For example, a training team at NLMK, an iron and steel company, created an interactive course with branched scenarios to explain to new employees how to discern if something is wrong with gas treatment stations and water purifying units and demonstrate the possible consequences of taking the wrong approach to resolve a problem.
An extra bonus of applying branched scenarios is that learners feel like explorers, not just students who are taking a cram course.
Though quizzes and tests are traditionally put somewhere at the end of a course, we’d recommend using them not only like a final boss fight — they’re also great as recurrent checkpoints. For instance, you can ask your learners to complete a short test or at least answer true-or-false questions from time to time to keep learners alert.
Quiz mechanics have come a long way from providing learners with a mere list of questions. Now, you can engage learners with fun interactive activities, including hotspots and drag-and-drops. For example, in this interactive online course for merchandisers, learners are challenged to sort objects or place something in a certain area:
3. Role-play simulations
The great thing about role-plays is that they’re a safe yet realistic environment to practice communication skills, apply knowledge in a certain context, and get meaningful feedback not only as a score but as a reaction from a virtual person.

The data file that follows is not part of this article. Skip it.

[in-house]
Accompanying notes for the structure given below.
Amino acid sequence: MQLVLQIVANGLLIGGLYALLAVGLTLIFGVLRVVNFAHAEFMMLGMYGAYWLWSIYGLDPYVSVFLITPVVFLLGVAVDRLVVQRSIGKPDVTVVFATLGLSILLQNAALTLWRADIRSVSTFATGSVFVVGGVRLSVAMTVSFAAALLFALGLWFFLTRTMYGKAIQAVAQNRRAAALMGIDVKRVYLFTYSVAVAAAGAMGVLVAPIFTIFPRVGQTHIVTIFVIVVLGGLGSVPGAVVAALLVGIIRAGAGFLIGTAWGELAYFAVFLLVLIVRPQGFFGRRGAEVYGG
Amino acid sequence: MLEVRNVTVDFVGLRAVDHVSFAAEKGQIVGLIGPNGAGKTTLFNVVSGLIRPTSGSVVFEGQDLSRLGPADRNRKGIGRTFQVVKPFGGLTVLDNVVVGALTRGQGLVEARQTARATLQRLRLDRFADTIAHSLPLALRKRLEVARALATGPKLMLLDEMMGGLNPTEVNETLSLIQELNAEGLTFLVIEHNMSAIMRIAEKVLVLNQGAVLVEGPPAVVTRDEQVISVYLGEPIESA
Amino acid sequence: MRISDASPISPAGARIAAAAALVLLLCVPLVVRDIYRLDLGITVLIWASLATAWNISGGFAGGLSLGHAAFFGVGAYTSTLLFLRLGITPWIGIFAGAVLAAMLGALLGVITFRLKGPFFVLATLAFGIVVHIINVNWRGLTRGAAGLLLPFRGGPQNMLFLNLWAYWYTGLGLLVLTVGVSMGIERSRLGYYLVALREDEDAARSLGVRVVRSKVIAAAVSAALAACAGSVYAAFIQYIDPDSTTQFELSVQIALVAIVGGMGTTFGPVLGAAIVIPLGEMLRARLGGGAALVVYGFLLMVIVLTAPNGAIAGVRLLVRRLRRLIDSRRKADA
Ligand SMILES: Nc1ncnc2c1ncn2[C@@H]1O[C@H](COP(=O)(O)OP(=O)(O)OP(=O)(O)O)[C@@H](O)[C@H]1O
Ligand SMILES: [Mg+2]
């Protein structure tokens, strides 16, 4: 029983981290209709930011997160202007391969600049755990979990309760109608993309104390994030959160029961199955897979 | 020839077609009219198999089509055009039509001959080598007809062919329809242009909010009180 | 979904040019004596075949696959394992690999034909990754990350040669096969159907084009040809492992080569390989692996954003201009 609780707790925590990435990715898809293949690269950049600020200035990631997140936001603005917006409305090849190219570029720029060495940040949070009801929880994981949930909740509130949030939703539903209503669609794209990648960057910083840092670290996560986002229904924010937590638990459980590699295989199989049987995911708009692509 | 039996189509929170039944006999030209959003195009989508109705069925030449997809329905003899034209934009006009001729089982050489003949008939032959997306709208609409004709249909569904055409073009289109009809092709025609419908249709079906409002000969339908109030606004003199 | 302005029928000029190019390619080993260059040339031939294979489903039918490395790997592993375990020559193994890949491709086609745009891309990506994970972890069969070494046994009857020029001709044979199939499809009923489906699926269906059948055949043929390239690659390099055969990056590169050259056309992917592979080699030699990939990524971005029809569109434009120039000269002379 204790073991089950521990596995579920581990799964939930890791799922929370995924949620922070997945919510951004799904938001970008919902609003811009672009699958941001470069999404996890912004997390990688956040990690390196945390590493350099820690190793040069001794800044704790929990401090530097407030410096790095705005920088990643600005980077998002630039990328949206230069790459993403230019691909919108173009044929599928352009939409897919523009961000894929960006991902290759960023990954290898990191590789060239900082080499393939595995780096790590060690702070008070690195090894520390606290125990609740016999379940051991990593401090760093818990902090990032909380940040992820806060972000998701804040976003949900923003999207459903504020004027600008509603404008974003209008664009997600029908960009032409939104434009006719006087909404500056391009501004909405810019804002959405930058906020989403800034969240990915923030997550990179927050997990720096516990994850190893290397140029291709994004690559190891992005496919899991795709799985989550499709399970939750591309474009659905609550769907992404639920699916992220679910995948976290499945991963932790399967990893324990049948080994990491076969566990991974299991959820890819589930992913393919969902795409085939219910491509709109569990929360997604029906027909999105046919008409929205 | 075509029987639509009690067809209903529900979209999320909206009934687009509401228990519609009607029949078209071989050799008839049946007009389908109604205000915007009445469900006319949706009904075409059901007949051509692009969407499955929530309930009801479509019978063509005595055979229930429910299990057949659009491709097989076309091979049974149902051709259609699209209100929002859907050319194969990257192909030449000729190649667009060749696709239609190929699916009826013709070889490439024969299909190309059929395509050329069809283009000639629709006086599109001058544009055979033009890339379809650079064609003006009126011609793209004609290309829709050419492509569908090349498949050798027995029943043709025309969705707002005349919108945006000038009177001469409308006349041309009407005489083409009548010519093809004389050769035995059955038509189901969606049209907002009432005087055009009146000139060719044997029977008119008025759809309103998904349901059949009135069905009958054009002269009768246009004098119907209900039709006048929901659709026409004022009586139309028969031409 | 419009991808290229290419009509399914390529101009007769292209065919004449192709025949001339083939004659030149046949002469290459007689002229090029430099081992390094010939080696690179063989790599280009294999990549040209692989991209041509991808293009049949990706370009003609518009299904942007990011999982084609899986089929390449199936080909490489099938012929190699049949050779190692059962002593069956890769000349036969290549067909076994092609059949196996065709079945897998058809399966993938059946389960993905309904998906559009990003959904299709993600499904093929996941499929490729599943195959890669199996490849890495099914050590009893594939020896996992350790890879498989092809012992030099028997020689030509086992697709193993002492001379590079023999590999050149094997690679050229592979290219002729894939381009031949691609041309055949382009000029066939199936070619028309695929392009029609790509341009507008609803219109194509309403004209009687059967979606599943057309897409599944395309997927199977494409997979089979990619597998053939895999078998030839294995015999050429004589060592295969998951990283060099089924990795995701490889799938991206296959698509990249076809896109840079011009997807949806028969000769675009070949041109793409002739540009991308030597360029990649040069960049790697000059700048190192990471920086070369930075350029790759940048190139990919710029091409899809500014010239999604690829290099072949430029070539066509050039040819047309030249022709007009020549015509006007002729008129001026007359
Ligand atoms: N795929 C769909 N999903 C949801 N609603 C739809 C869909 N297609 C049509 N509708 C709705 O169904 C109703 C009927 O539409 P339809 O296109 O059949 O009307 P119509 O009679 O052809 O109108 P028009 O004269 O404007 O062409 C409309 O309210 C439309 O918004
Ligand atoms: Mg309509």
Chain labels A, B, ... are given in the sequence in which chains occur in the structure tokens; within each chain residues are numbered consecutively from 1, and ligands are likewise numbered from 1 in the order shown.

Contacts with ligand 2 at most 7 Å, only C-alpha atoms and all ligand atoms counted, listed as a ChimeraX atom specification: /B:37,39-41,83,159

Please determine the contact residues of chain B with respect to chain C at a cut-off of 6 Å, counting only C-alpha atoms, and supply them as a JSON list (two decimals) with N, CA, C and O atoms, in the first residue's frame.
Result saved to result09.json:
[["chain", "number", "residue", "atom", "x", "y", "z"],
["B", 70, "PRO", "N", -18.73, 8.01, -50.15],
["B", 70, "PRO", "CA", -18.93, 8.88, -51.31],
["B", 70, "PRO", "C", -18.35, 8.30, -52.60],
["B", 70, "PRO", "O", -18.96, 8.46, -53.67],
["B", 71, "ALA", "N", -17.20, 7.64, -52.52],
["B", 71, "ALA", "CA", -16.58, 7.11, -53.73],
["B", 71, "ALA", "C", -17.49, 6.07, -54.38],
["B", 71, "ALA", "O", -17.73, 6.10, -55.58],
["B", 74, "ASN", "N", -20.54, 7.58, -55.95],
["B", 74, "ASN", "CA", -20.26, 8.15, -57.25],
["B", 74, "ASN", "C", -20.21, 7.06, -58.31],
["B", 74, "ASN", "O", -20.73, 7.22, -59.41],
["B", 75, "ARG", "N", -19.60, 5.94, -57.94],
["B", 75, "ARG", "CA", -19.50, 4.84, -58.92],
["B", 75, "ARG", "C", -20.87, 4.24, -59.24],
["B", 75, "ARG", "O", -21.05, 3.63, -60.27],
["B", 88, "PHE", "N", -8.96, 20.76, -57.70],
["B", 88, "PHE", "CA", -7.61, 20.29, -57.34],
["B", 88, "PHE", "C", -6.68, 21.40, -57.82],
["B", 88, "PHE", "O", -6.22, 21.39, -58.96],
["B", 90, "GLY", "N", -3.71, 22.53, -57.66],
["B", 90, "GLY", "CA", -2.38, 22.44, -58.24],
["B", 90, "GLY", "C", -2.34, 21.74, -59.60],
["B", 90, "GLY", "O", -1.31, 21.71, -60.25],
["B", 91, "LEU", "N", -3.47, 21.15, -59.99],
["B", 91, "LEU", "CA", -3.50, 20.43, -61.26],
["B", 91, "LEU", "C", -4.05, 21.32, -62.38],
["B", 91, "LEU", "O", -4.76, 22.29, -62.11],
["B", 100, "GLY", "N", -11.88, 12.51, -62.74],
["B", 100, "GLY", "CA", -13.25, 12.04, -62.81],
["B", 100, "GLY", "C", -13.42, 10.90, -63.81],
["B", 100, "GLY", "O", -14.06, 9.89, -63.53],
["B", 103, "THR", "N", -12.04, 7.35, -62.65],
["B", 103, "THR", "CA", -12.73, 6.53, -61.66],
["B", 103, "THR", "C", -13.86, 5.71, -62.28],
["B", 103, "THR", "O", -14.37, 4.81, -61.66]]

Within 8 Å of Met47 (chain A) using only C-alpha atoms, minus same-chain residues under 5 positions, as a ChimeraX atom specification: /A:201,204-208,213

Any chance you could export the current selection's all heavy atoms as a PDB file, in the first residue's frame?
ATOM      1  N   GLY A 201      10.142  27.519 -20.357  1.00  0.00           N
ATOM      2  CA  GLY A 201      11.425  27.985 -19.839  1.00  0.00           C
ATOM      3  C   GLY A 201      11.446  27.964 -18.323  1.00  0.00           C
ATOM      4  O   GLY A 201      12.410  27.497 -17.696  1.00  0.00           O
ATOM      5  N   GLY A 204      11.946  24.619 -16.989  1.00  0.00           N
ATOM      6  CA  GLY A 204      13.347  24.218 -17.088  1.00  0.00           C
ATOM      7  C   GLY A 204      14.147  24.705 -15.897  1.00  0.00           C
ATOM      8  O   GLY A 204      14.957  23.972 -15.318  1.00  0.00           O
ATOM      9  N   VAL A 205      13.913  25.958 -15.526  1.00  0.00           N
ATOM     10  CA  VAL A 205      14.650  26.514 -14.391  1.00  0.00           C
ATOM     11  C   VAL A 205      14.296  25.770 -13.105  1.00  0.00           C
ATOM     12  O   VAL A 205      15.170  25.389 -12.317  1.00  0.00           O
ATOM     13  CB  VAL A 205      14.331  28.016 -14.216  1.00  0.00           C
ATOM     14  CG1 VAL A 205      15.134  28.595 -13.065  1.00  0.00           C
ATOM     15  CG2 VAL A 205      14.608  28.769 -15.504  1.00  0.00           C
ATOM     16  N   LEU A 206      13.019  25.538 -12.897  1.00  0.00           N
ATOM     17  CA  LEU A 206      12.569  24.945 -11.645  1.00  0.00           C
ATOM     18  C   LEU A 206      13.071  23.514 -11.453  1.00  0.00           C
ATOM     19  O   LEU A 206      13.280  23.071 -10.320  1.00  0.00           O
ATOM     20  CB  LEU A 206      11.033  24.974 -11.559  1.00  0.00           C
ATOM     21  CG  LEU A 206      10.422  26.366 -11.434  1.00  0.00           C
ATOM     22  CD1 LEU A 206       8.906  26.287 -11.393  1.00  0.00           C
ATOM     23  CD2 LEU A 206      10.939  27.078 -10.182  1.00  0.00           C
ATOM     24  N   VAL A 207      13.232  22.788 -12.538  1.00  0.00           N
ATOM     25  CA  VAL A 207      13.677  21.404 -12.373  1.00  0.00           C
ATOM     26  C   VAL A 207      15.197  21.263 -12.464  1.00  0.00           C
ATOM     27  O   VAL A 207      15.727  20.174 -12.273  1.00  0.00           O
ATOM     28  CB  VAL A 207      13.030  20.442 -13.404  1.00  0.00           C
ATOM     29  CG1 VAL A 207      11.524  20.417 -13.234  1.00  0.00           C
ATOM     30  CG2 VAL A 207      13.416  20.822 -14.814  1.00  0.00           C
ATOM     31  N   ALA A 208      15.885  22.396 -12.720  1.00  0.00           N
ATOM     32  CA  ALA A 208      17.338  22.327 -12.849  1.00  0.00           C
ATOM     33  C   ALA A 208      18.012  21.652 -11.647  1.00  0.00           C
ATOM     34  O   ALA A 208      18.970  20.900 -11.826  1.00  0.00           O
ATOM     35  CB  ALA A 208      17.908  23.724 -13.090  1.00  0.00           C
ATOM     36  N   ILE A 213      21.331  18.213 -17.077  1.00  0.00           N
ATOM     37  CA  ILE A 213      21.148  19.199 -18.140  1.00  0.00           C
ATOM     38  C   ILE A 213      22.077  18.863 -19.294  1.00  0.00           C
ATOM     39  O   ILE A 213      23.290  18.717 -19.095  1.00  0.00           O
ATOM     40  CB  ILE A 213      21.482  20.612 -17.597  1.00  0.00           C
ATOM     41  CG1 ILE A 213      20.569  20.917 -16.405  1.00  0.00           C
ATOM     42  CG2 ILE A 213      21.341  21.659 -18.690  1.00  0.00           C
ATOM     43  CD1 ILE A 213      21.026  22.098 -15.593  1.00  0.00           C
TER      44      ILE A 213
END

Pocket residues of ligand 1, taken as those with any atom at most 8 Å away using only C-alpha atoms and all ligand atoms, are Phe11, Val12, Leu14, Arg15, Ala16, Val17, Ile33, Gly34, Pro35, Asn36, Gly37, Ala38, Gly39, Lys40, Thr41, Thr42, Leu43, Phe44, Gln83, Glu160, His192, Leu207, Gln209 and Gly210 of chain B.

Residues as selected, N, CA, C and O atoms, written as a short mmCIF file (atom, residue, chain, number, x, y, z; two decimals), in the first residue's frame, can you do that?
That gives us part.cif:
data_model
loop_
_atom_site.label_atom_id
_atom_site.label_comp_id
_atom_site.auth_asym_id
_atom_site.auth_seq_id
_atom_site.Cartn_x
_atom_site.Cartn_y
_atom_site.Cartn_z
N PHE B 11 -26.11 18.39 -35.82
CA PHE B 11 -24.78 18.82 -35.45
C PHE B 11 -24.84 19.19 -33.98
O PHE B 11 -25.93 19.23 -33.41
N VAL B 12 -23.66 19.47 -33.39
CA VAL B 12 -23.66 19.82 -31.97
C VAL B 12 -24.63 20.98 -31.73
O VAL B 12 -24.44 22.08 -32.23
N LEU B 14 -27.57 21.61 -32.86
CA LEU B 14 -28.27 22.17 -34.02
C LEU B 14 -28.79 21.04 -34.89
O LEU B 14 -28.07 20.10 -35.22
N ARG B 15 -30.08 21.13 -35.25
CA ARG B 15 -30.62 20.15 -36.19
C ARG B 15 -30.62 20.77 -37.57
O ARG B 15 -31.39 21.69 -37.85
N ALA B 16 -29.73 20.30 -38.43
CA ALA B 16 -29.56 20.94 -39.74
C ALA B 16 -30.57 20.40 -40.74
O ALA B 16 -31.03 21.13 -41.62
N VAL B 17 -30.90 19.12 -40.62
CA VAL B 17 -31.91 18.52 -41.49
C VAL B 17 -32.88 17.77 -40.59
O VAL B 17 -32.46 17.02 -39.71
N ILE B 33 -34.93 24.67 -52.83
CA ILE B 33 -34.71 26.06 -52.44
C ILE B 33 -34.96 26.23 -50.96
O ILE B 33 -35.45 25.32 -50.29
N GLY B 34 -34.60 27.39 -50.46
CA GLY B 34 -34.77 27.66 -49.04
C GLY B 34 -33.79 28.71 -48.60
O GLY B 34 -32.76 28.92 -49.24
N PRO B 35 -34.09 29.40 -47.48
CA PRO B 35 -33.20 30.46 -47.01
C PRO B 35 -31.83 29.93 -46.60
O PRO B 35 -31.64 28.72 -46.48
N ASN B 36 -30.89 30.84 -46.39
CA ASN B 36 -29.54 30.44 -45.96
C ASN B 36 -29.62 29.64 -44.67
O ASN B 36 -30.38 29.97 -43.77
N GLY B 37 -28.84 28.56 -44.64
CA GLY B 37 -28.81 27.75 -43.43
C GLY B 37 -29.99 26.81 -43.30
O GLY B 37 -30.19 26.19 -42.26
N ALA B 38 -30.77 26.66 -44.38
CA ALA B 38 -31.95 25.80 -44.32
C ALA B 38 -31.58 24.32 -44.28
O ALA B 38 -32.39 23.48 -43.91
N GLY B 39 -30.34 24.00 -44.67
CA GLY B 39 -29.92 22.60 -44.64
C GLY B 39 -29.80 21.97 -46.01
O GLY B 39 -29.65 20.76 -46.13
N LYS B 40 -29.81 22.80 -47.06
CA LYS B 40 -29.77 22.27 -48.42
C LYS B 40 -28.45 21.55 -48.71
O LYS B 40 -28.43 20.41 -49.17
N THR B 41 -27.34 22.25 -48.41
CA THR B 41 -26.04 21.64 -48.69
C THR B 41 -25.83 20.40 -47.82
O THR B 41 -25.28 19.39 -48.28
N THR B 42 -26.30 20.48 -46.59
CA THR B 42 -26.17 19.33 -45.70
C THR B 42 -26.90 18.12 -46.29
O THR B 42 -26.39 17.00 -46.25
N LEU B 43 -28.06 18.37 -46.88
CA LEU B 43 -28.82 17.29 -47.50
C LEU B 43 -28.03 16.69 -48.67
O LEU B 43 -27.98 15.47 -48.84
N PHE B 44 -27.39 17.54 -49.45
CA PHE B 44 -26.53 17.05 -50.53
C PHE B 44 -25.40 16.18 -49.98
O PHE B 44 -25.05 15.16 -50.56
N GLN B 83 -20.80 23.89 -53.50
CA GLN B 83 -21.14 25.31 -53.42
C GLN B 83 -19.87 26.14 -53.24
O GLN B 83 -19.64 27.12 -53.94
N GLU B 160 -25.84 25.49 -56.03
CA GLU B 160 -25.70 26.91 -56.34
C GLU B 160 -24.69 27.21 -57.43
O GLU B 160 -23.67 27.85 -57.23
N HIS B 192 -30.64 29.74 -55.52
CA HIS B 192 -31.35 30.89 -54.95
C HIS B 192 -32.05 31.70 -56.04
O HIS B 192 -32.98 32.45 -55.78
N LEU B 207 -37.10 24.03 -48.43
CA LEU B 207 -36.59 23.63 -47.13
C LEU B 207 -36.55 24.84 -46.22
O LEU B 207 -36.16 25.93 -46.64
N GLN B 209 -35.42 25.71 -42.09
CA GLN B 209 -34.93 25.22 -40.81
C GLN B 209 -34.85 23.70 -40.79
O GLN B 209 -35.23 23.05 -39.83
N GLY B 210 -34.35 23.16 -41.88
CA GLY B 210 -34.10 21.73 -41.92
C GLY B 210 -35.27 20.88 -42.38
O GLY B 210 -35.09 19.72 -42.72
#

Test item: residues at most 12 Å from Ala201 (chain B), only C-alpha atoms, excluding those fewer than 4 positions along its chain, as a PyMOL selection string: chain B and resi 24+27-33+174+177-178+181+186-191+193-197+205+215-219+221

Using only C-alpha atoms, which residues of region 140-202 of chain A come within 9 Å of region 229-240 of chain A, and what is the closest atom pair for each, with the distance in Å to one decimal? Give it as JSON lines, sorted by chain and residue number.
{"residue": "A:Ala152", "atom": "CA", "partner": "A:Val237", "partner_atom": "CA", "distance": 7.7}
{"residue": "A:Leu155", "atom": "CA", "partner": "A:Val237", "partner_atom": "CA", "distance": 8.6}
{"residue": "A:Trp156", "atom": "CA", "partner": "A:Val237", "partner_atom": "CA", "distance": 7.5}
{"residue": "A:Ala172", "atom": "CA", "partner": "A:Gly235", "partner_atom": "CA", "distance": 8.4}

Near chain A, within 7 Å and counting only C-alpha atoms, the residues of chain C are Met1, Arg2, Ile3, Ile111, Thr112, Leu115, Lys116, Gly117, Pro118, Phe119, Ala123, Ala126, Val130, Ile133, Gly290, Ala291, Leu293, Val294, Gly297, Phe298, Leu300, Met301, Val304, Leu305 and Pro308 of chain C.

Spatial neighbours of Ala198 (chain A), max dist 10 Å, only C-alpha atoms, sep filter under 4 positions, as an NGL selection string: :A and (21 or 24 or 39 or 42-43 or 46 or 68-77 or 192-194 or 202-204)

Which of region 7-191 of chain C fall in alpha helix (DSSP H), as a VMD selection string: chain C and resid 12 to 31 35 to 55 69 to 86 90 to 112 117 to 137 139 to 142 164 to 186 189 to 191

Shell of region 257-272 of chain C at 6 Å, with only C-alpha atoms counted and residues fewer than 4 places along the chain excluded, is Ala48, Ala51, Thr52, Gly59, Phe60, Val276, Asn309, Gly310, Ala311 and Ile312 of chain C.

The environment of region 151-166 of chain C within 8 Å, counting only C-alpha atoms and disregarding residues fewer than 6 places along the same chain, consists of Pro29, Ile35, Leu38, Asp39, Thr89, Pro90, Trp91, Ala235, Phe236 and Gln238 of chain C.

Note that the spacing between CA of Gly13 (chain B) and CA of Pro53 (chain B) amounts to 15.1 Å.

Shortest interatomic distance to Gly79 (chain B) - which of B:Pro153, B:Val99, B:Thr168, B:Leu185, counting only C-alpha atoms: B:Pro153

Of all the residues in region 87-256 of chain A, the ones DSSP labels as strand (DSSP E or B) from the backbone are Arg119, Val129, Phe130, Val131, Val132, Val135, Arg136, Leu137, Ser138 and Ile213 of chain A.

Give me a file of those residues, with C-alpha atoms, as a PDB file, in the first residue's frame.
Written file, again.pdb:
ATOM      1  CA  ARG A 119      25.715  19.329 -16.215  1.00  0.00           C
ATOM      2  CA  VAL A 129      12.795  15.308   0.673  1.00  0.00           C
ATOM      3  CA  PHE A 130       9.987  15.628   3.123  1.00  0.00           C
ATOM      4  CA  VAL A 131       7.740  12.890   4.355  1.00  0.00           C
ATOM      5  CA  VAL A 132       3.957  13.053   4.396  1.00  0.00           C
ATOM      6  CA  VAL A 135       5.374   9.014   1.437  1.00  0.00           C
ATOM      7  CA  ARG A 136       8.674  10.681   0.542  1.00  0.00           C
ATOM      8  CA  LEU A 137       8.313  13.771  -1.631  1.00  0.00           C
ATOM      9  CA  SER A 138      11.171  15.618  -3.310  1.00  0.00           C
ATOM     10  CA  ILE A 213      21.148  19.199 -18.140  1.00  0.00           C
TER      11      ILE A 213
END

With iSpring Suite, you can create a standalone role-play that can also be a sort of assessment, as every correct answer is awarded with points. Or you can add simulations to a course just like mini-games, so learners can stop and apply their knowledge right on the spot.
The most obvious use case of this interaction is practicing negotiations. However, there are countless possible uses, and some of them are very creative. For example, in this interactive online course created by Guido Hornig from lern.link, you are a detective who investigates the mysterious disappearance of an elderly woman from the hospital.
The hardest (and the most fun) thing about creating simulations is making learners believe that this virtual environment isn’t just a playground with cardboard cutouts instead of people. In this hands-on guide, we’ll provide you with the key principles for creating impressive role-plays from scratch and tips on how to make them look professional.